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How Do I Grow Tropical Aquarium Plants

Java Fern

Certain requirements need to be met in order to grow aquarium plants successfully. Light, nutrients, substrate, and carbon dioxide of sufficient quantity are the main requirements.

Java Fern

Substrate is the medium in which plants grow their roots and sand or gravel from medium fine to medium coarse grade is best. Too fine and the substrate will compact and not allow enough nutrients and water to flow to the plants roots. Too coarse and the plants will not be able to root successfully along with root rot being a good possibility because of an excessive build up of fish waste in the plants root zone. Colour choice is more important to the owner of the aquarium and of no concern to the plants, but I would stay away from white as it is too reflective and shows fish waste too easily. For more detailed information about substrate choice check out our article on substrates for the home aquarium.

SubstrateLighting is critical for success with plants. With intensity, duration, and colour spectrum all being important. Duplicating natural sunlight, or close to it, seems to be the best choice when it comes to colour while using fluorescent tubes that are as close to the length of the aquarium as possible in wattage that totals 1.5 – 3 watts a gallon. A quality hood with a good reflector can make a big difference. The amount of wattage necessary using poor reflectors can be up to twice the wattage as required when using good quality reflectors. Fluorescent tubes do not last forever as their light output slowly degrades. It is best to replace them on a yearly basis on average. If your light sits over a glass top, or it has a plastic splash shield, make sure they are kept clean, as it takes very little dirt, dust, and water scale to reduce the amount of light that make its way to your plants.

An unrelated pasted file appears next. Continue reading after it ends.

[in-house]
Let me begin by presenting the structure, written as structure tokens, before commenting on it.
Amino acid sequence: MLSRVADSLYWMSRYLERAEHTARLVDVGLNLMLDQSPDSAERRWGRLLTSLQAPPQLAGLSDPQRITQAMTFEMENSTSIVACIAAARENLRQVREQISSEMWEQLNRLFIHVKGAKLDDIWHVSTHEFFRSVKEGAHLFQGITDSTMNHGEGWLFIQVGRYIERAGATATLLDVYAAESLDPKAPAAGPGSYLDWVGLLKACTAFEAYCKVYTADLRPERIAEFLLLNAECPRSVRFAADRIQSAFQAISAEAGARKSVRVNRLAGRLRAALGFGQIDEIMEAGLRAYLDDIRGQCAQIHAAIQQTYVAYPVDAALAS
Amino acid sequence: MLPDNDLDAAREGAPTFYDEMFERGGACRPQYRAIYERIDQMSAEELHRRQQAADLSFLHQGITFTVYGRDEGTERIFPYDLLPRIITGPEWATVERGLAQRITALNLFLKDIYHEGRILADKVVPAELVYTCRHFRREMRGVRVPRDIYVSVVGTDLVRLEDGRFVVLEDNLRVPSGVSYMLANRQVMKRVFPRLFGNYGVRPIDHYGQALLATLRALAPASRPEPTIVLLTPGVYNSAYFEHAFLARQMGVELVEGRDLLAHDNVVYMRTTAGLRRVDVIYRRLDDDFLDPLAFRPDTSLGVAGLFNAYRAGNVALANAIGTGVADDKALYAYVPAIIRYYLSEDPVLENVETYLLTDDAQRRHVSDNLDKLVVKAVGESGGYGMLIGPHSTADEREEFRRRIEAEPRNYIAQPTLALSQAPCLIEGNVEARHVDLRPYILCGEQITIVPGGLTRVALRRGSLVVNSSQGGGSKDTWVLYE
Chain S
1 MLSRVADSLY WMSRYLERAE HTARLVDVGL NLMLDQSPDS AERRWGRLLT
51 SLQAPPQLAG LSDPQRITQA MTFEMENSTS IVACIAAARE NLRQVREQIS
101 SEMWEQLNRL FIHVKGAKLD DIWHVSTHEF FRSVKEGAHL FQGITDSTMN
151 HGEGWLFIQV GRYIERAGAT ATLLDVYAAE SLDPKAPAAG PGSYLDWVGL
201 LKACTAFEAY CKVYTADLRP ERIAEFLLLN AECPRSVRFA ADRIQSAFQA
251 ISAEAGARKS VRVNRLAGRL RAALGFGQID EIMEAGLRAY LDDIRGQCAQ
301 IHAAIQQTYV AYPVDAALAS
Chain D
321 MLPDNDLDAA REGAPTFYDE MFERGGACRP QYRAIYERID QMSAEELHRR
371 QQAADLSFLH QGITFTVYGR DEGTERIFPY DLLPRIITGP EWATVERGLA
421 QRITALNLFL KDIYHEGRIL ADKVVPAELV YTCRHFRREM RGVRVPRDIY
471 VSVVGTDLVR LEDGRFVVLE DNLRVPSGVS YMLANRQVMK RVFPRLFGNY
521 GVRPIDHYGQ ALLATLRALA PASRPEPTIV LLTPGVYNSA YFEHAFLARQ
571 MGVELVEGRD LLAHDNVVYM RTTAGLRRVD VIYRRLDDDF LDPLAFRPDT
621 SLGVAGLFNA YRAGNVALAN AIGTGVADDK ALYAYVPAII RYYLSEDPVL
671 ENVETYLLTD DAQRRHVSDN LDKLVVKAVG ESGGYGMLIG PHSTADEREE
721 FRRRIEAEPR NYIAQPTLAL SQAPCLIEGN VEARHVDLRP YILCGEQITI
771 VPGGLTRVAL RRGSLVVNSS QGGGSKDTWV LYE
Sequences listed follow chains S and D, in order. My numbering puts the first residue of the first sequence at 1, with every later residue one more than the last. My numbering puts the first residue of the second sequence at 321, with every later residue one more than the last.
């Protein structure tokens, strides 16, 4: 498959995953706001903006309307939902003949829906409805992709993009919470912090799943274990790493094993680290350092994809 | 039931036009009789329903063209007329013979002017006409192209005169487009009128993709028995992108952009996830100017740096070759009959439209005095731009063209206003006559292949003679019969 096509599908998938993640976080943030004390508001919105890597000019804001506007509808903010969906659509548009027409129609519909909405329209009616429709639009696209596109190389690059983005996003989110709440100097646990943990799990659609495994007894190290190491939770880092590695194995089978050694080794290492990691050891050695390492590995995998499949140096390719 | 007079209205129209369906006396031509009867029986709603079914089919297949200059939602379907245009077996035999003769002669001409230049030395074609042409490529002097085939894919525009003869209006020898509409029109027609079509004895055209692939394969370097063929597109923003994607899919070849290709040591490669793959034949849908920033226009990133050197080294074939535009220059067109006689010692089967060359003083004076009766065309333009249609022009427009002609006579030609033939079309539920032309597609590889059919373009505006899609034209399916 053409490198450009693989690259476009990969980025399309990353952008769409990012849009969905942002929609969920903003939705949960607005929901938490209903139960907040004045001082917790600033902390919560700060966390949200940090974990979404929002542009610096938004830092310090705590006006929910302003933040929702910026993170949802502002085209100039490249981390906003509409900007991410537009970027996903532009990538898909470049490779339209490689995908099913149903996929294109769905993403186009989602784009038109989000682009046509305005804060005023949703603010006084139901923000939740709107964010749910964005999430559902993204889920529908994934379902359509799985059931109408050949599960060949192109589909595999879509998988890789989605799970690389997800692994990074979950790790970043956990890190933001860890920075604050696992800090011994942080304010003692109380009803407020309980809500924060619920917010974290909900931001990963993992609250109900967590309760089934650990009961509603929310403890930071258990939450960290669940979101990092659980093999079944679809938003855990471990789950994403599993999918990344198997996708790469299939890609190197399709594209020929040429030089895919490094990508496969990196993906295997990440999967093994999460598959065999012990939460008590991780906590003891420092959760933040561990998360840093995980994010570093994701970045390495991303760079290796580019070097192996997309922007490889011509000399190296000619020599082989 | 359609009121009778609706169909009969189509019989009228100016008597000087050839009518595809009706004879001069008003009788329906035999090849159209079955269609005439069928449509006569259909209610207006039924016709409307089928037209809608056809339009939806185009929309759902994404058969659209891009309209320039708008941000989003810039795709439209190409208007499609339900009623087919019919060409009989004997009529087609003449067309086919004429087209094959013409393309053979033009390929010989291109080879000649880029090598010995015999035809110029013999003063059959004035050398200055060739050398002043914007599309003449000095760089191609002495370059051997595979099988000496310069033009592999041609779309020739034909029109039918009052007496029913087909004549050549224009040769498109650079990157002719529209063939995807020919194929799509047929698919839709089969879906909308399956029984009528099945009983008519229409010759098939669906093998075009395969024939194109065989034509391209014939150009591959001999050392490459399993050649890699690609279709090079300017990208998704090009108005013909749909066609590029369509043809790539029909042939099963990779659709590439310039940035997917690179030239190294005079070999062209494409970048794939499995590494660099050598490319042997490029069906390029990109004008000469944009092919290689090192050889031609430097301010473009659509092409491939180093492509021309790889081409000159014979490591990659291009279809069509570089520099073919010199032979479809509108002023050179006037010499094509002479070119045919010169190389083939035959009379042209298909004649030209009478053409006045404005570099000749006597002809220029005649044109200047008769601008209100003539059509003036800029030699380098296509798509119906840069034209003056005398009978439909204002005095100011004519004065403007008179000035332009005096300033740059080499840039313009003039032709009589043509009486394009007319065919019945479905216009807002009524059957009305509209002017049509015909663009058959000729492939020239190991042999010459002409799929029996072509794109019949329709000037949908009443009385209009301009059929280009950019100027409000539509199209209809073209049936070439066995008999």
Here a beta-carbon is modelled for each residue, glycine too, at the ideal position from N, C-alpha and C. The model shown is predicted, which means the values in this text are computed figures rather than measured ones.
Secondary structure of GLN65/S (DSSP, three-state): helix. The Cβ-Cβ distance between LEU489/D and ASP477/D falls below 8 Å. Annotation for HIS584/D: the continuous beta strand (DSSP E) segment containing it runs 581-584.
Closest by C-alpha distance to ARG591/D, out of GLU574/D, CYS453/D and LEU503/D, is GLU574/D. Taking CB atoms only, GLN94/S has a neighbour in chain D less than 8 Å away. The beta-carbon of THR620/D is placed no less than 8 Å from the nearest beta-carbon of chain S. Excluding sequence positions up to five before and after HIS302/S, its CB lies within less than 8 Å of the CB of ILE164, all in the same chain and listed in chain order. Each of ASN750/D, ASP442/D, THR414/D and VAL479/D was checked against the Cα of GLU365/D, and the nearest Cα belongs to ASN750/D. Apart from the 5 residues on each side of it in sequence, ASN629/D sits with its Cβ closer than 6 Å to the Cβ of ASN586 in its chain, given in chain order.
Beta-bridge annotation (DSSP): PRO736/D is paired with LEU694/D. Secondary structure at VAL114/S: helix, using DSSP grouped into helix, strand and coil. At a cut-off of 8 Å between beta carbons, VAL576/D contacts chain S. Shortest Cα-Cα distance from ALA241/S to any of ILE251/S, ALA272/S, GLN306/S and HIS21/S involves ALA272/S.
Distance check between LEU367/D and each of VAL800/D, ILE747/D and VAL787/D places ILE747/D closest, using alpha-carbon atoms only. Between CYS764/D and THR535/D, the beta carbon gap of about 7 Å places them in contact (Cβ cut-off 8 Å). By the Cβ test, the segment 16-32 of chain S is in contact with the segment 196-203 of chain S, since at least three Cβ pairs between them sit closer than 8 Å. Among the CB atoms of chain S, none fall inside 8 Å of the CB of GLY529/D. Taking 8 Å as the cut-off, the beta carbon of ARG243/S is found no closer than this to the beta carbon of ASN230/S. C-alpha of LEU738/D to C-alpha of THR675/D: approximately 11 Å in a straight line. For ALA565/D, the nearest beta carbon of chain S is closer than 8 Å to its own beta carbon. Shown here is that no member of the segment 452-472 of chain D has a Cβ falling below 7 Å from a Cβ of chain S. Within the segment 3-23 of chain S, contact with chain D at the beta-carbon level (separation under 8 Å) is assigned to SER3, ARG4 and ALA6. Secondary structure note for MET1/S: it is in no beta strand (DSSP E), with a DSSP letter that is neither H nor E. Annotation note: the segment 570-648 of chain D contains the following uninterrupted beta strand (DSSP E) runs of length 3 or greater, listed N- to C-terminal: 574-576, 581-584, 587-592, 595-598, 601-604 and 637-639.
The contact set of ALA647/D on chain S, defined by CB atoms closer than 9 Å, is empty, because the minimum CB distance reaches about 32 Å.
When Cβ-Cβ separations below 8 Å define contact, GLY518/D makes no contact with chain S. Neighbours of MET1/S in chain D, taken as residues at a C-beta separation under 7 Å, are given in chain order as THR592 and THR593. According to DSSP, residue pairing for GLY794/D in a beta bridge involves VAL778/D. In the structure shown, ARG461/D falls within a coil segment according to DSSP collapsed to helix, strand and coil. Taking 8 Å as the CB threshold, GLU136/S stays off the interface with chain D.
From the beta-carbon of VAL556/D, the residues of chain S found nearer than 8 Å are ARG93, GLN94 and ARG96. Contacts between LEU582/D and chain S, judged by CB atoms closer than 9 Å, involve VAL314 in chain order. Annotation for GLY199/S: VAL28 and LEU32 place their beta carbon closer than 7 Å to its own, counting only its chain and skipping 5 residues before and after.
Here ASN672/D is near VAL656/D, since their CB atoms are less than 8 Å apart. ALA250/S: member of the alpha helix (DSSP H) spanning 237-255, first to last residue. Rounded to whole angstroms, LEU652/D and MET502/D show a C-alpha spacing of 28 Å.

Carbon dioxide and nutrients are needed by all plants. Some plants have higher needs than others and are harder to keep, but in general, except in heavily planted aquariums with only a small fish population, additional nutrients and carbon dioxide are unnecessary. If your plants are green, but getting thinner as they grow this is a good sign that their nutritional requirements are not getting met and trying a plant supplement may be in order.

Here is an example of a planted aquarium I have set up with a JBL CO2 system running on it:

Another example of what can be achieved with a planted aquarium is:

Something which often gets asked and brought up is seeing bubbles emerging from the leaves of plants in an aquarium fish tank, fear not, this means they are growing very well and you have done an exceptional job of giving them all their necessary requirements to thrive.